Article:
I purchased the “Nikon D80 Digital Field Guide” by David D. Busch and find it to be more useful than the owners manual supplied with the camera. Having this guide handy when photo results are less than desirable is a must. Unless you can commit all of the books contents to memory I suggest that you keep it near.

      I will urge ...


      • Nikon D80 SLR
      that unless you are very technology savvy and already an accomplished photographer that you think long and hard prior to forsaking that little point and shoot that has been serving your needs up until this time. The digital SLR cameras are indeed a status symbol when you pull one out amongst the point and shoot crowd at a scenic vista but will you get a better picture than them? Myself, having put in lots of hours studying and practicing with my camera I may have an edge on them. The fact that perhaps I have a better sense of composition and always seek an unusual vantage point before releasing the shutter helps. Still, I almost always can do as well with my old Kodak.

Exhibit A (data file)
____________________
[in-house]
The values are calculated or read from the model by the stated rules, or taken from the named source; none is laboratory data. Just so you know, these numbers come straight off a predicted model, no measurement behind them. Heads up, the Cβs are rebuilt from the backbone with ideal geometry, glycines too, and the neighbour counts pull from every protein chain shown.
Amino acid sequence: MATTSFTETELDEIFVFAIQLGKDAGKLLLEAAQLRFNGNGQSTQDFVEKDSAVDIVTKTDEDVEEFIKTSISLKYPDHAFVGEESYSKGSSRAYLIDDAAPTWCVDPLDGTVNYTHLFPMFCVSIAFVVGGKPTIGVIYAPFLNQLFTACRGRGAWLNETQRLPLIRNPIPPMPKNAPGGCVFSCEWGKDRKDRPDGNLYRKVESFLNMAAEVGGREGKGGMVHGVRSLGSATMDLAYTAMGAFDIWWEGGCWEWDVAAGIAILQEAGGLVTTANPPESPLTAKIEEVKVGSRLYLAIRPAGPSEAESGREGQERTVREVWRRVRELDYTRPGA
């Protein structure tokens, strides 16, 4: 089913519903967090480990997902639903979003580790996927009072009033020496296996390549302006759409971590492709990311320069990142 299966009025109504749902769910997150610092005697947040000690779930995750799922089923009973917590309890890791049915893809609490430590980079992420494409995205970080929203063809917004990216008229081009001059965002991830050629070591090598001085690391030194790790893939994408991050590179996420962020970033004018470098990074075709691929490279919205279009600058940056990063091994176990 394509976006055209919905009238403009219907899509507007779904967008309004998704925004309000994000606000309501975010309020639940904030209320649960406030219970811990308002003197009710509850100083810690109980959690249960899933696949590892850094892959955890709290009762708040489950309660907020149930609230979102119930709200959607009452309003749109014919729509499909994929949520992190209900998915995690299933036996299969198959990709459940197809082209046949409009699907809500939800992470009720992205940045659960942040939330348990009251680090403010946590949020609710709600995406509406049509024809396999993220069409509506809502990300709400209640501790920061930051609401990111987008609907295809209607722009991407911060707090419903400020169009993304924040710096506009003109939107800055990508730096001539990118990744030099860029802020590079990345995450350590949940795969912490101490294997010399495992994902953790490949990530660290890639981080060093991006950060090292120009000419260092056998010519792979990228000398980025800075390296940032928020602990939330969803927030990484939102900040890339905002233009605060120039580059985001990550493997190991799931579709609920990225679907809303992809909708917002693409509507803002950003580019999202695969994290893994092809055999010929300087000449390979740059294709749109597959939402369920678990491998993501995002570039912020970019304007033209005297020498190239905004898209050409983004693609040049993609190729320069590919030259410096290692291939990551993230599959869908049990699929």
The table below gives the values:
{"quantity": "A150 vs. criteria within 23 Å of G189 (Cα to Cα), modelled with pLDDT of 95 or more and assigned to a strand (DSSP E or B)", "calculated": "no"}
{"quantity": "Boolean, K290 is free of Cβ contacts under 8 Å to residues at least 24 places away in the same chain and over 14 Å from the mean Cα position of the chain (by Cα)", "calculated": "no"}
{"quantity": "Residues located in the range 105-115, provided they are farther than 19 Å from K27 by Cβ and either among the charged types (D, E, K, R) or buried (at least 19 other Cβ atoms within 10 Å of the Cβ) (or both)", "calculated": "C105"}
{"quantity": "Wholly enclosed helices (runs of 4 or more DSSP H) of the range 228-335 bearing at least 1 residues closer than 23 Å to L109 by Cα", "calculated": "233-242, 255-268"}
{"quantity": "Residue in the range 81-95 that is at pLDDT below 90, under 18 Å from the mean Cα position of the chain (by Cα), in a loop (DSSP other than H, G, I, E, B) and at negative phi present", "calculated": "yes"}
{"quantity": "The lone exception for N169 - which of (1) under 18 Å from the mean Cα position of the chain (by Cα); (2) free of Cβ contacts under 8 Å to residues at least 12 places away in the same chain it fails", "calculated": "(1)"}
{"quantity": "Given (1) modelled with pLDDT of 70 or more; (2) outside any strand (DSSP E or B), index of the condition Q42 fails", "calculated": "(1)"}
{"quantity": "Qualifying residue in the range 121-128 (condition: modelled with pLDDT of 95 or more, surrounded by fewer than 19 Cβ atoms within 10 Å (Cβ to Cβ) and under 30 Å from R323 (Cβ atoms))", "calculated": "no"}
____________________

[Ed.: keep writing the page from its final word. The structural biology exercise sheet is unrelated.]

One big factor in the success rate with the old point & shoot is that it has built in VR. What is VR. you ask? Vibration reduction, a very useful additive in low light or telephoto mode. It is incorporated into many of the small point and shoot cameras and adds to the chance for fool proof photography.

      On the upside if you do